HSBC brings forward its trough scenario for container shipping 

Banking major HSBC has brought forward its trough scenario for container shipping given the extreme speed with which the sector’s fortunes have declined in recent months.

At the current pace where spot rates are plummeting by 7.5% every week, freight rates may hit 2019 levels by the end of this year, HSBC is now forecasting, a level where the bank expects capacity discipline to meaningfully emerge, especially when rates go below cash costs.

HSBC has brought forward its trough scenario to mid-2023 from 2024, predicting the Shanghai Containerized Freight Index (SCFI) will hit its nadir in the middle of next year, while sector profitability will bottom in the second half of next year. For listed liners, HSBC is forecasting share prices will likely trough by the end the first quarter next year.

It is like the classic boom and bust cycle

The reactivation of capacity after the Golden Week period versus extended blanked sailings will likely determine whether freight rates stabilise any time soon, HSBC argued in a new report, adding that renegotiations of Asia-Europe contract rates in November and December at or above operating costs ought to signal whether the worst is behind container shipping regarding freight rates.

Soren Toft, head of MSC, the world’s largest container line, conceded this week that there will be “some difficult quarters ahead” as his sector gets back to some form of pre-pandemic normality.

A new analysis by BIMCO published today suggested that the container shipping supply/demand balance is now at 2019 levels while freight rate platform Xeneta has given some neat context on the speed of the rate erosion on the transpacific recorded in recent months.

“It took 146 days to get from $5,000 per feu to $9,000, whereas on the way down, it took 119 days for the $5,000 per feu mark to be breached,” Xeneta stated in a new report.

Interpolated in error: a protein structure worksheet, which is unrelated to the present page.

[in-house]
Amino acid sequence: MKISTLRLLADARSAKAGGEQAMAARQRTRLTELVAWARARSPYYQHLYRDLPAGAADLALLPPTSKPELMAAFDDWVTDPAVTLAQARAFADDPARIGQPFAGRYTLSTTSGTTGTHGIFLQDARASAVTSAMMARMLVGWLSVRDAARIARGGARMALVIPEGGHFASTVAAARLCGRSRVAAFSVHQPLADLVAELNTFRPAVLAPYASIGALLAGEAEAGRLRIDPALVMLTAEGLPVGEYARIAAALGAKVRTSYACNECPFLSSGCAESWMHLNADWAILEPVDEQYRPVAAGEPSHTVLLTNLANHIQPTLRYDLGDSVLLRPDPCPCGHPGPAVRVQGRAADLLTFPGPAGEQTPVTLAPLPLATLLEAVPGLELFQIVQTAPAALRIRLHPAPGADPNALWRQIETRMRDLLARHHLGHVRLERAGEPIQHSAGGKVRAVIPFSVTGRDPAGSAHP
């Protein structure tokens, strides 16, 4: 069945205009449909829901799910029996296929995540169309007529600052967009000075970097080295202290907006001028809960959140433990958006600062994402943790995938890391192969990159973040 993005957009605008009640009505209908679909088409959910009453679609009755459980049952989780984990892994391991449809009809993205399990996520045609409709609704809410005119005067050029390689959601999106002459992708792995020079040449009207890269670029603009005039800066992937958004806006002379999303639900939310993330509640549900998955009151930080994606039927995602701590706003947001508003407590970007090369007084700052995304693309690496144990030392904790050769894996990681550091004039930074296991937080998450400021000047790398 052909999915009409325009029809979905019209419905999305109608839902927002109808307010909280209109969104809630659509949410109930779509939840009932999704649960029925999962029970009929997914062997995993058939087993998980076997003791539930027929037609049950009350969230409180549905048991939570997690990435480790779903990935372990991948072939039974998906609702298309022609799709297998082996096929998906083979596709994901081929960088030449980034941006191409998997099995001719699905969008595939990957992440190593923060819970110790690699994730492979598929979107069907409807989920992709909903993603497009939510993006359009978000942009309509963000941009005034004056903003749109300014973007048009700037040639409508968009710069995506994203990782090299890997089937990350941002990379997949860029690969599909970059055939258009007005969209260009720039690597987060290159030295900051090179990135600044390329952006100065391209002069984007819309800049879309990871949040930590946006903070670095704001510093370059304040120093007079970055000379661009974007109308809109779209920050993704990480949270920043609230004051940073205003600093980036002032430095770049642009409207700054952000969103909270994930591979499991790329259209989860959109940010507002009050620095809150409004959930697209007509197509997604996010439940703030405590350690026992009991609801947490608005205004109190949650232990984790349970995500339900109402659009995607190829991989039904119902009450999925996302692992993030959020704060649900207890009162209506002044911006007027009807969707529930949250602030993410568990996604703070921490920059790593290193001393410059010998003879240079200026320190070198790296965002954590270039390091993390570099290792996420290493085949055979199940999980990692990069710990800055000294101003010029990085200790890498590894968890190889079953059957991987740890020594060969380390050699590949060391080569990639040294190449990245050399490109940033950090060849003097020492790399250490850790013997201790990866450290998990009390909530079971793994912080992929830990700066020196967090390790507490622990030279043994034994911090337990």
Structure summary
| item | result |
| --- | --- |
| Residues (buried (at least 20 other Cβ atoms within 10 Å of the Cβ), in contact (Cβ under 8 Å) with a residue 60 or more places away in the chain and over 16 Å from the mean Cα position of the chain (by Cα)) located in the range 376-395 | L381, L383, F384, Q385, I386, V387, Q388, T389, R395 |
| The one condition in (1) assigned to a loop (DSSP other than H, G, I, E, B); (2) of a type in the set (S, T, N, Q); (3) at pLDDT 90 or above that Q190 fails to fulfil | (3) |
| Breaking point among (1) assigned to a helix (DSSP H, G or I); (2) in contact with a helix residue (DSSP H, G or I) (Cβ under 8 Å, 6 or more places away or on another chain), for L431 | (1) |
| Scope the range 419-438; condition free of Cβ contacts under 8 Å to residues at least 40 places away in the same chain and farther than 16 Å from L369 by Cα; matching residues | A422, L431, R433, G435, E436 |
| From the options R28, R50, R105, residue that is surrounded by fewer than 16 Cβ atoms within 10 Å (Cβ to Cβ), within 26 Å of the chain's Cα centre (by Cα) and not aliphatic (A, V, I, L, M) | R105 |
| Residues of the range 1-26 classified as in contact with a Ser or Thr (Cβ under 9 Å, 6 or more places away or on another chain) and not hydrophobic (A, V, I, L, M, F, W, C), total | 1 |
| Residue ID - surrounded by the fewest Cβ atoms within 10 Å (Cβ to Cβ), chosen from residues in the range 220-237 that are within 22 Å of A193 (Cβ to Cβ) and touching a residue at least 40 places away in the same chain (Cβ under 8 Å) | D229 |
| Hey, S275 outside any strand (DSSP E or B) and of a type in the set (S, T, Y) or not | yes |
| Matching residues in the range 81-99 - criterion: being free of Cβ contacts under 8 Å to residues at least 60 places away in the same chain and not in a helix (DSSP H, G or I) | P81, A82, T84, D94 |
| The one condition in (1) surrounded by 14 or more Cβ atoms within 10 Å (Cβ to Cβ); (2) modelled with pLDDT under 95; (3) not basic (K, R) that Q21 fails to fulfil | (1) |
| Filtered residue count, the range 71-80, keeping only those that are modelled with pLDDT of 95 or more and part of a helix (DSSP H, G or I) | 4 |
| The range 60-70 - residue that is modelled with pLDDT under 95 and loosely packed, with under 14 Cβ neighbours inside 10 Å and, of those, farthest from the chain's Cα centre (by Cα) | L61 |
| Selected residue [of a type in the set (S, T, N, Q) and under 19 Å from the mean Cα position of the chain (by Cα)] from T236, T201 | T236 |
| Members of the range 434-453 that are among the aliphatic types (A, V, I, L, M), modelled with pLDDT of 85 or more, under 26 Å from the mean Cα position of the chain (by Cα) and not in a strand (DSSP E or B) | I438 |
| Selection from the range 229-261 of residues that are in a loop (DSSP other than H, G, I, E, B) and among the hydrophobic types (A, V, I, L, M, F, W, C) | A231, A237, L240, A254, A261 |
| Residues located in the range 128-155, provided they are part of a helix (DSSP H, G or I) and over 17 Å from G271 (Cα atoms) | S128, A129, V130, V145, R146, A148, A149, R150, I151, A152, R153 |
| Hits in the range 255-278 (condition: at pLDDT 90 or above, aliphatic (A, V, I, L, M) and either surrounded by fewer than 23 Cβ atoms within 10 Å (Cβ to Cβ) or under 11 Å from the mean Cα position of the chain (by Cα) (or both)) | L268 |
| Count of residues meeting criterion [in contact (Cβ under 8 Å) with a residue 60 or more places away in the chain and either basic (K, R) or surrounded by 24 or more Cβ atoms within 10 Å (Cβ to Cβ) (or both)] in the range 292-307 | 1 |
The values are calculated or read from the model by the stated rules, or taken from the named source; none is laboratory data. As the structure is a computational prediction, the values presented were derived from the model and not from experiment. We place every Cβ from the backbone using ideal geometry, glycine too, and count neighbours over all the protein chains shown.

Xeneta has recorded a global drop in container volumes of 1.4% in the year to date.

“The rest of the year seems unlikely to reverse this pattern of falling volumes, especially when considering the high demand at the end of 2021. In 2023, demand growth is not expected to be high enough to counter the effects of high fleet growth, leaving freight rates to continue to slide,” Xeneta stated.

“The slowing down of demand, and the glut of oversupply of containers are all a consequence of the disruptions caused since the outbreak of the pandemic. It is like the classic boom and bust cycle,” commented Christian Roeloffs, the CEO of Container xChange.

“There is a relatively low orders-to-inventory ratio. The retailers and the bigger buyers or shippers are more cautious about the outlook on demand and are ordering less. On the other hand, the congestion is easing with vessel waiting times reducing, ports operating at less capacity, and the container turnaround times decreasing which ultimately, frees up the capacity in the market.” Roeloffs added.

Drewry’s World Container Index, a global spot reference published every Thursday, ducked below the $3,500 mark today for the first time since December 2020.

Sam Chambers

Starting out with the Informa Group in 2000 in Hong Kong, Sam Chambers became editor of Maritime Asia magazine as well as East Asia Editor for the world’s oldest newspaper, Lloyd’s List. In 2005 he pursued a freelance career and wrote for a variety of titles including taking on the role of Asia Editor at Seatrade magazine and China correspondent for Supply Chain Asia. His work has also appeared in The Economist, The New York Times, The Sunday Times and The International Herald Tribune.
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